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World leaders praise Sharon’s commitment to Israeli security, peace
By HERB KEINON
12/01/2014
Kerry: Sharon's journey was Israel’s journey; Blair: He remained ‘firm and unbowed’ in face of political difficulties.
 
Leaders of the world, who for many years viewed Ariel Sharon as a hard-line right-winger to be shunned, eulogized him warmly on Saturday, praising him for his commitment to the country’s security and for the risks he was willing to take for peace.

US Secretary of State John Kerry issued a statement saying that “Sharon’s journey was Israel’s journey; the dream of Israel was the cause of his life, and he risked it all to live that dream.”

Kerry said he remembered reading about Sharon as a young lawyer in Boston and “marveling at his commitment to cause and country. I will never forget meeting with this big bear of a man when he became prime minister, as he sought to bend the course of history toward peace, even as it meant testing the patience of his own longtime supporters, and the limits of his own lifelong convictions, in the process. He was prepared to make tough decisions because he knew that his responsibility to his people was both to ensure their security and to give every chance to the hope that they could live in peace.”

Kerry acknowledged the differences the US had with him over the years, but said that regardless of whether you agreed or disagreed with him, “you admired the man who was determined to ensure the security and survival of the Jewish state.”

Kerry said Sharon, in his later years, “surprised many in his pursuit of peace, and today, we all recognize, as he did, that Israel must be strong to make peace, and that peace will also make Israel stronger. We honor Arik’s legacy and those of Israel’s founding generation by working to achieve that goal.”

Ariel Sharon with former US president George W. Bush.

Former US president George W. Bush, in the White House when Sharon served as prime minister and someone who developed a close relationship with Sharon, issued a statement saying he was “a warrior for the ages and a partner in seeking security for the Holy Land and a better, peaceful Middle East.”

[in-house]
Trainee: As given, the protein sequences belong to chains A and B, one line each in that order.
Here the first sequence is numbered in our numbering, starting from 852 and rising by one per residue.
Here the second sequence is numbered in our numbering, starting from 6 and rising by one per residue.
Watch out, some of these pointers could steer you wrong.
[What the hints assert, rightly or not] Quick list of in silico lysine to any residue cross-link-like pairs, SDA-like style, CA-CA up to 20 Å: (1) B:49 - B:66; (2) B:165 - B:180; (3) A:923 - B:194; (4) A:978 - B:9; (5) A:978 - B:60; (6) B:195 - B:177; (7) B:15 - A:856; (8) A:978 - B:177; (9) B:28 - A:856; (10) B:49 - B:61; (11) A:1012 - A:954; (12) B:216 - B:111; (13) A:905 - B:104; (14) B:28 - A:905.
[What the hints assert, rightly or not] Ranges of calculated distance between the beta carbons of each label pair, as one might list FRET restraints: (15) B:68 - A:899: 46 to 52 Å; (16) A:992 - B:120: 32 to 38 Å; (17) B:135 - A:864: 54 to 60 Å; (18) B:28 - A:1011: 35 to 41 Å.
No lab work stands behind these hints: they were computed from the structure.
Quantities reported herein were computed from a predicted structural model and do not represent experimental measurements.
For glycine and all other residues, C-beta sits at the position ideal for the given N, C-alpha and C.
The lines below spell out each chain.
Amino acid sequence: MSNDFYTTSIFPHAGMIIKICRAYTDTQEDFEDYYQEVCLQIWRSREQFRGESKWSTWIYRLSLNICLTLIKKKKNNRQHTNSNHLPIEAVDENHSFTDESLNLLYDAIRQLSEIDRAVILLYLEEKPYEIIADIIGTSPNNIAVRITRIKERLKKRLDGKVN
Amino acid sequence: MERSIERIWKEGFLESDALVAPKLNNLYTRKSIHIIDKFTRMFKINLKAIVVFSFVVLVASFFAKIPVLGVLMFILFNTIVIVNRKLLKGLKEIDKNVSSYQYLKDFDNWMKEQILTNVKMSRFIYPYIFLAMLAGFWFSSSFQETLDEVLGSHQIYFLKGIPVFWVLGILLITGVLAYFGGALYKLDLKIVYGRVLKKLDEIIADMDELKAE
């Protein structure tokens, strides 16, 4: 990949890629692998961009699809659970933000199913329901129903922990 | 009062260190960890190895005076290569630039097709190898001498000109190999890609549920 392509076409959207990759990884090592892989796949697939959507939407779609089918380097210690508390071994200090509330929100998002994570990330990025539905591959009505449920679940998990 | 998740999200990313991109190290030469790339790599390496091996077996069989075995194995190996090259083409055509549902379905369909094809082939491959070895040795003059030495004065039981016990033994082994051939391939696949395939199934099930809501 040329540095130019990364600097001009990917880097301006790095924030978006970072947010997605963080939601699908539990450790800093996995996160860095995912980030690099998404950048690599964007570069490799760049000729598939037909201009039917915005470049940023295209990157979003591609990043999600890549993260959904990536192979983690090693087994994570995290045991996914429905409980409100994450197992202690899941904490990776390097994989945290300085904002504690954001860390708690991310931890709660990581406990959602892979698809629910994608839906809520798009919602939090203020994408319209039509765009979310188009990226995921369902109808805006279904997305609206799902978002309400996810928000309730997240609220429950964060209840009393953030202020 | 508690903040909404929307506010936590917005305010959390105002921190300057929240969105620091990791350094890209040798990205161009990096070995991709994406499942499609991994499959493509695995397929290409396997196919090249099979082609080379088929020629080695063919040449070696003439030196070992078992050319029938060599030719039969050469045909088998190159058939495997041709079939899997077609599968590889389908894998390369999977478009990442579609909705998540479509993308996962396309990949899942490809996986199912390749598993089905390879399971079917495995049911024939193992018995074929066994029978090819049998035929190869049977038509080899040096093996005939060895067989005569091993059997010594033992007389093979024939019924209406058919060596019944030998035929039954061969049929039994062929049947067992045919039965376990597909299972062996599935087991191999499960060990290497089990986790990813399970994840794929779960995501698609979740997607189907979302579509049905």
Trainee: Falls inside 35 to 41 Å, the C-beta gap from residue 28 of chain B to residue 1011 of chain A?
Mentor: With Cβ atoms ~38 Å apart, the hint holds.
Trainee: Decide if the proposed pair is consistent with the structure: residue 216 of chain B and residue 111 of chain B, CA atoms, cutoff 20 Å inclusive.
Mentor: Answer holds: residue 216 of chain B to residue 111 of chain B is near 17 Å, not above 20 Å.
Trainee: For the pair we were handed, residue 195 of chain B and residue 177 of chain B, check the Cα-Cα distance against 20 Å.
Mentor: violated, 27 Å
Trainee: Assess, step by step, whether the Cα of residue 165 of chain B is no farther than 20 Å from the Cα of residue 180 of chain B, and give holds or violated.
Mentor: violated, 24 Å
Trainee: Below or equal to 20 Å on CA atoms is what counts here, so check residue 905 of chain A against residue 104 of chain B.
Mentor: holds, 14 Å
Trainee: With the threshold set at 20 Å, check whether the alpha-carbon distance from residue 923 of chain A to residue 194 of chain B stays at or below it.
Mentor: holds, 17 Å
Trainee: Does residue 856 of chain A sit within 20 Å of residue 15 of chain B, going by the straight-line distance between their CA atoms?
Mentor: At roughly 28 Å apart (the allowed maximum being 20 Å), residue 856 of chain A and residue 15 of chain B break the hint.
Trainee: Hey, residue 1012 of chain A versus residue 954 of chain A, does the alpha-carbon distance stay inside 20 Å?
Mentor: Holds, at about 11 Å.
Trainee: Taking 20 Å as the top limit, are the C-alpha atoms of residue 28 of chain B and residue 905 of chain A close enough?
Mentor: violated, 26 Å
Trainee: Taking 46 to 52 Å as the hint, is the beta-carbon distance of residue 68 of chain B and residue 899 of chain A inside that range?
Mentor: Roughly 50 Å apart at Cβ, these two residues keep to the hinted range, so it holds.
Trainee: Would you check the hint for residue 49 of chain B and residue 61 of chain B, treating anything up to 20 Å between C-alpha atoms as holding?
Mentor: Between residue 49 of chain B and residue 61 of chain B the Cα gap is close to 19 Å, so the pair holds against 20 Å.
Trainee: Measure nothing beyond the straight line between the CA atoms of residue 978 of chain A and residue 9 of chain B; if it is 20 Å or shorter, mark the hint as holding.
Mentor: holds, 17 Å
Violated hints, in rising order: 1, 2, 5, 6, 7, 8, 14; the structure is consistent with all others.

Quartet envoy Tony Blair, who served as Britain’s prime minister when Sharon held that office in Israel, called Sharon “a monumental figure in the history of the State of Israel, who dedicated his life to the country he loved. I worked closely with him, and even when we did not always agree, I remember and respect his determination to do what he thought was right for the people of Israel, sometimes at a great personal price.

“He was a fascinating man who stood firm and unbowed in the face of political difficulties,” Blair said. “Although he was a farmer and agriculturalist at heart, his legacy in Israeli politics is enduring and his place in Israel’s history everlasting.”

Blair ended his statement with the Hebrew words “Yehi zichro baruch” (“May his memory be for a blessing”).

Russian President Vladimir Putin, whom Sharon met a number of times as a prime minister, called Sharon an “outstanding statesman and military commander.”

According to a statement put out by the Kremlin, Putin praised Ariel Sharon’s “personal qualities and his activities to protect Israel’s interests, noting a high respect for him among compatriots and his high authority in the international arena.”

Russian Foreign Minister Sergei Lavrov is expected to come to Sharon’s funeral.

UN Secretary-General Ban Ki-moon said Sharon would be remembered for his “political courage and determination to carry through with the painful and historic decision to withdraw Israeli settlers and troops from the Gaza Strip. His successor faces the difficult challenge of realizing the aspirations of peace between the Israeli and Palestinian people.”

Former US president Bill Clinton, whom Sharon met as foreign minister, said in a joint statement with his wife, former secretary of state Hillary Clinton, that “Sharon gave his life to Israel – to bring it into being, to sustain and preserve it, and at the end of his long service, to create a new political party committed to both a just peace and lasting security.”

Clinton said “it was an honor to work with him, argue with him and watch him always trying to find the right path for his beloved country.”

Chancellor Angela Merkel, who became Germany’s leader a month before Sharon’s first stroke in December 2005 and never met with him as prime minister, said that “with his courageous decision to withdraw the Israeli settlers from the Gaza Strip, he took a historic step on the path to a deal with the Palestinians and a two-state solution.”

British Prime Minister David Cameron, who also never met Sharon as prime minister, called him “one of the most significant figures in Israeli history, and as prime minister he took brave and controversial decisions in pursuit of peace.”
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